Dean Nelson’s Society of Professional Journalists convention panel, “Talking to Strangers: How to Get the Eager, the Reluctant and Even the Haters to Give a Good Interview,” shared insightful tips on how to conduct a successful interview — the single most important aspect of journalism. Even so, getting the perfect interview can be a challenge.
Nelson is a professor and the multimedia director at Port Loma Nazarene University. He is also the author of “Talk to Me: How to Ask Better Questions, Get Better Answers, and Interview Anyone Like a Pro,”a how-to guide on ensuring a great interview every time.
First-time interviewers should overprepare for their first interview Nelson advised. “This helps the interviewer ask better questions and allows the interviewee to be more at ease with the questions that you are asking,” he said. “You really want your interviewee to know that you are credible.”
One of the biggest things Nelson wants novices to know is to learn from their mistakes. Over time, Nelson learned how to not get in the way of his sources and ask shorter and concise questions.
“The main focus of the interview is who are you interviewing and what information can get from this person to tell a story. Appealing to the self interest of your interviewee is an important factor to help convey a message to send to listeners,” said Nelson. “It helps build an expertise on your interviewee to engage audiences on the particular topic.”
Learning how to get the best out of your interview takes time, preparation and skill. Below are Nelson’s tips for effective interviewing
- Have the ability to talk
“You need to have the ability to talk,” Nelson said. Having a human touch is the lifeblood of the story.
Know who you should be talking to. Nelson refers to them as the “three E’s.” Talk to an expert, such as local officials, a doctor, someone from Congress, etc. Get an eyewitness to tell you what they felt at the moment. And have an explainer for context and nuance.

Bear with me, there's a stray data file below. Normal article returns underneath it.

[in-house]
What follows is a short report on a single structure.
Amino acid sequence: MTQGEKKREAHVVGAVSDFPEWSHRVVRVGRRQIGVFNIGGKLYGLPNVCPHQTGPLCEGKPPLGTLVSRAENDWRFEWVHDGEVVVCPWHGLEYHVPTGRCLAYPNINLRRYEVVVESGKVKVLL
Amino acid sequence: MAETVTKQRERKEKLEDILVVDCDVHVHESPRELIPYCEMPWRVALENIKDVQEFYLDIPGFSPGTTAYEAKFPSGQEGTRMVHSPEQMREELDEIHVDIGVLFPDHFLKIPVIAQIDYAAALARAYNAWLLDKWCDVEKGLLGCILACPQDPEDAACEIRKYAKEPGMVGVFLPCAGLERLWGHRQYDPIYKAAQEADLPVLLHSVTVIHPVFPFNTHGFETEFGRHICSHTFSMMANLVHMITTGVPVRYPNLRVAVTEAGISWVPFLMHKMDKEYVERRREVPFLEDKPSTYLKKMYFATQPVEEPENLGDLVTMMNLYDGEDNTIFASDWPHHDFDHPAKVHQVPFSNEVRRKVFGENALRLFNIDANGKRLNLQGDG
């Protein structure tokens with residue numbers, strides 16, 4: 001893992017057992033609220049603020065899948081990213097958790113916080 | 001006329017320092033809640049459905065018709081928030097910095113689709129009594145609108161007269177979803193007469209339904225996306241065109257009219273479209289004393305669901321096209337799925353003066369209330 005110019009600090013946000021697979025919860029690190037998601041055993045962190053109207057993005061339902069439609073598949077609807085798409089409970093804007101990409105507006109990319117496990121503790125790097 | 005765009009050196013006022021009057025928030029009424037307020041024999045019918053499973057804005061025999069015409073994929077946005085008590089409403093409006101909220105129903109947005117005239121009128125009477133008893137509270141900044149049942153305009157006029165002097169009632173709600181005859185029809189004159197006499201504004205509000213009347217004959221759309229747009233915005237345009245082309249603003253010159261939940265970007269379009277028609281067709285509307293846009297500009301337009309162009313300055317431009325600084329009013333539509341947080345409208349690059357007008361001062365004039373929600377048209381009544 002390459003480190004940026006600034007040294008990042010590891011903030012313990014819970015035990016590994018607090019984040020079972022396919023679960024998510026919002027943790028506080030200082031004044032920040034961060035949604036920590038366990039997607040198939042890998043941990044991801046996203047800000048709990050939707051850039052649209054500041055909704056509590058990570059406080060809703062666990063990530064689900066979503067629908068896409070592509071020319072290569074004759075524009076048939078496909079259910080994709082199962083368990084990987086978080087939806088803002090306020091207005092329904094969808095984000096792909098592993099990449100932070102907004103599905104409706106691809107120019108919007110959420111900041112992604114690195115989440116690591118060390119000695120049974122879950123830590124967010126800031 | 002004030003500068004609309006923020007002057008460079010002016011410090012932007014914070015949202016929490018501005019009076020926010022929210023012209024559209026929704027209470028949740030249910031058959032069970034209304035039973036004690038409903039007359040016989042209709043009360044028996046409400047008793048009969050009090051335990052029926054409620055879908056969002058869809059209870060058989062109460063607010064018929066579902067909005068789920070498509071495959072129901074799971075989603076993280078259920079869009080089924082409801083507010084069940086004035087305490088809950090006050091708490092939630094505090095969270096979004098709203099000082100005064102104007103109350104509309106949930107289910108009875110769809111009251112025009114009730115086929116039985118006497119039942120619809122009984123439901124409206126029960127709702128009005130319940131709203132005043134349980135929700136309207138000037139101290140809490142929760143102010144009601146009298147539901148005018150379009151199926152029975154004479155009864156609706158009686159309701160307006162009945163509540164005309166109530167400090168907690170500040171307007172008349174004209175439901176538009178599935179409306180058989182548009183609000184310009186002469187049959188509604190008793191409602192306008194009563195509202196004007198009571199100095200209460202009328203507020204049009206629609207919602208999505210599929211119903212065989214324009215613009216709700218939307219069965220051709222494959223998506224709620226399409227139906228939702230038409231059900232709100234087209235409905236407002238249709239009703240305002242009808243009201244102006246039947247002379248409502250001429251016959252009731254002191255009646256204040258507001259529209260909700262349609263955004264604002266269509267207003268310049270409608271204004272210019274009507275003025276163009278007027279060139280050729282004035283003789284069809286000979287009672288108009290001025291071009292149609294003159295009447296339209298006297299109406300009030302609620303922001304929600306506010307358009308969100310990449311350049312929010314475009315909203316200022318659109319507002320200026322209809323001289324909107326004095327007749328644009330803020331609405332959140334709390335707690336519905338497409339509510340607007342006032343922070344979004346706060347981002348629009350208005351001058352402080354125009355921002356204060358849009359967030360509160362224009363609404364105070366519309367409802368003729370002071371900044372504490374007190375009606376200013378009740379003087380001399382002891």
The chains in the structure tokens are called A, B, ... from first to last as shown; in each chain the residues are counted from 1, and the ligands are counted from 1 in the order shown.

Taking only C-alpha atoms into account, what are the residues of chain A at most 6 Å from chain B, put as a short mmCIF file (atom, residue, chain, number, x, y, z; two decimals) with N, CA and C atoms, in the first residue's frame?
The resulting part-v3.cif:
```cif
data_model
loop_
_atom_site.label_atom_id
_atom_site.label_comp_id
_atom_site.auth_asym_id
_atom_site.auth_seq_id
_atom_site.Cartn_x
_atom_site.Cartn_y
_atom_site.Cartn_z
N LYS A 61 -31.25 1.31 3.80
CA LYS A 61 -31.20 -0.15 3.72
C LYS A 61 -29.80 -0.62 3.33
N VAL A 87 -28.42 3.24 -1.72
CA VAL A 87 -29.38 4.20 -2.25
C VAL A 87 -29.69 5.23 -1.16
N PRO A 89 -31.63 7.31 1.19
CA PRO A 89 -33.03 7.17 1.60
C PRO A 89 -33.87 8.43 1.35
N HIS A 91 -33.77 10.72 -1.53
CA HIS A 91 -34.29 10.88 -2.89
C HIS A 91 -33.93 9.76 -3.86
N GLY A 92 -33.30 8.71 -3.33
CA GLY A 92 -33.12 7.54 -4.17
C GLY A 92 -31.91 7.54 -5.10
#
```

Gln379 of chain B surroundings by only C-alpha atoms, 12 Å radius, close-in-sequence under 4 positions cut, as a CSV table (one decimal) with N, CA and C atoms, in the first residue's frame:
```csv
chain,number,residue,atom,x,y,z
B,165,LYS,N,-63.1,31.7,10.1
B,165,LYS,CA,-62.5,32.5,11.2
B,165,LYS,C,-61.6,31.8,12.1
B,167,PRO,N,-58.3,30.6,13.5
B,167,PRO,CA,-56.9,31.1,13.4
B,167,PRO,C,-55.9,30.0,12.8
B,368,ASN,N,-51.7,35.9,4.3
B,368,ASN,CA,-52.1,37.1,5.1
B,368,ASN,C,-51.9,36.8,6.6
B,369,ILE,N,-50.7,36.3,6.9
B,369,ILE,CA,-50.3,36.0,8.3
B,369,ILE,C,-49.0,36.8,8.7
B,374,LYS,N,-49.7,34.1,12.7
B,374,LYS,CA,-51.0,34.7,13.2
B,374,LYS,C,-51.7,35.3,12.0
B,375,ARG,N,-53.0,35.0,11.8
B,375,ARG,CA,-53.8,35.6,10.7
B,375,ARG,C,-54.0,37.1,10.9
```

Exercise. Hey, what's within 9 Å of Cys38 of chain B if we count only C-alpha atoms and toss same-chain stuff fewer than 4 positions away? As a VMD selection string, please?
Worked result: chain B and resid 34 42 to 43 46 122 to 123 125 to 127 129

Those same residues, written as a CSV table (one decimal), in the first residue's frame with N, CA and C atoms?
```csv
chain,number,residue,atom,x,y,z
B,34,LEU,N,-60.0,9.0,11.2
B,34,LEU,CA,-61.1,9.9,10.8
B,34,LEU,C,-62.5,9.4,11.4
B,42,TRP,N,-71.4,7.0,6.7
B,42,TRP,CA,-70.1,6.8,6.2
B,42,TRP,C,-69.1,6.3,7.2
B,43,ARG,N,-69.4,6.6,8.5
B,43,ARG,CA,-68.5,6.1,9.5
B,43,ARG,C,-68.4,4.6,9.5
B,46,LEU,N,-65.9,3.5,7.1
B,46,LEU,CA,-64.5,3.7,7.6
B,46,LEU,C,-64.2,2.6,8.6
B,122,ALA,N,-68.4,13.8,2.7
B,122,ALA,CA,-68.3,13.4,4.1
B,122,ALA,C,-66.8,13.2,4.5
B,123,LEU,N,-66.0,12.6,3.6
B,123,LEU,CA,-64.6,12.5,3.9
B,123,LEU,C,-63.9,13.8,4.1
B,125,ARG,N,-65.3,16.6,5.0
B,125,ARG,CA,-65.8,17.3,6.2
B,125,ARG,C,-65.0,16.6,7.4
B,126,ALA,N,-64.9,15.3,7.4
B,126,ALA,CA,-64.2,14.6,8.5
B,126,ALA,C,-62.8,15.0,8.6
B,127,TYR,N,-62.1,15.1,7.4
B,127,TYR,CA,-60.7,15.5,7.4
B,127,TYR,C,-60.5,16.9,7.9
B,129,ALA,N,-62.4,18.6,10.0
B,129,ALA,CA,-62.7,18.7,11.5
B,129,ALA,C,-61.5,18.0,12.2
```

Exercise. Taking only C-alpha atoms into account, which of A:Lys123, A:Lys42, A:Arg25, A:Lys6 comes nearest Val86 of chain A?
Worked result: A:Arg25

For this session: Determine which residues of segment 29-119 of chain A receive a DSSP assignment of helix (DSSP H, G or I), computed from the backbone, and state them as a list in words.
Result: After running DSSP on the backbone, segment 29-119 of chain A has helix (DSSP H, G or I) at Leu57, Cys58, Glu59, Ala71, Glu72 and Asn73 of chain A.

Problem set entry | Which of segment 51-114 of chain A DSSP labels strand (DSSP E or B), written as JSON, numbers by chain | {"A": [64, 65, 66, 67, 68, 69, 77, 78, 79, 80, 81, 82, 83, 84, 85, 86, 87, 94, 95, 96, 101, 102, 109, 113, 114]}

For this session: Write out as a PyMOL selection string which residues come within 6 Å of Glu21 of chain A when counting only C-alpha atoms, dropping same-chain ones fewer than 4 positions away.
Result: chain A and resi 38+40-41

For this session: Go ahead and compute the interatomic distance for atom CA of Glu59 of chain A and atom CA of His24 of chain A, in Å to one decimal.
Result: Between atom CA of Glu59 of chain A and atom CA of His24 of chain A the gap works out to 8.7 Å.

“The best interviewers are the ones who are the most authentic,” said Nelson. “Be yourself!”
- Always be prepared
Preparation is key. You should always do your research beforehand and you should know the answers to your own questions. With preparation, planning what questions to ask is also critical. Some reporters write their questions down, while others write down topics or trust their instinct.
Once it’s time for the interview, where it happens matters. Before the COVID-19 pandemic, Nelson said, “At the kitchen table or outside can be one of the best settings for an interview. If your interview is taking place while riding a car, make the interview golden.”
- Look ready and be ready to improvise
Dress appropriately and look the part. If you want to be taken seriously, look like a pro. When talking to them use your whole body by leaning, raising your eyebrows or nodding. Always have some open-ended questions like “How?” and “Why?”
- Be sure to:
Always have control of your own interview; never let interviewees turn the interview around toward you. During the interview, take your time writing down notes. Your interviewee wants you to get it right. At the end of every interview remember to ask these three important questions:
- Would you spell your name for me?
- Is there anything I should have asked, but didn’t?
- Who else should I talk to about this?
- Can I contact you if I have more questions?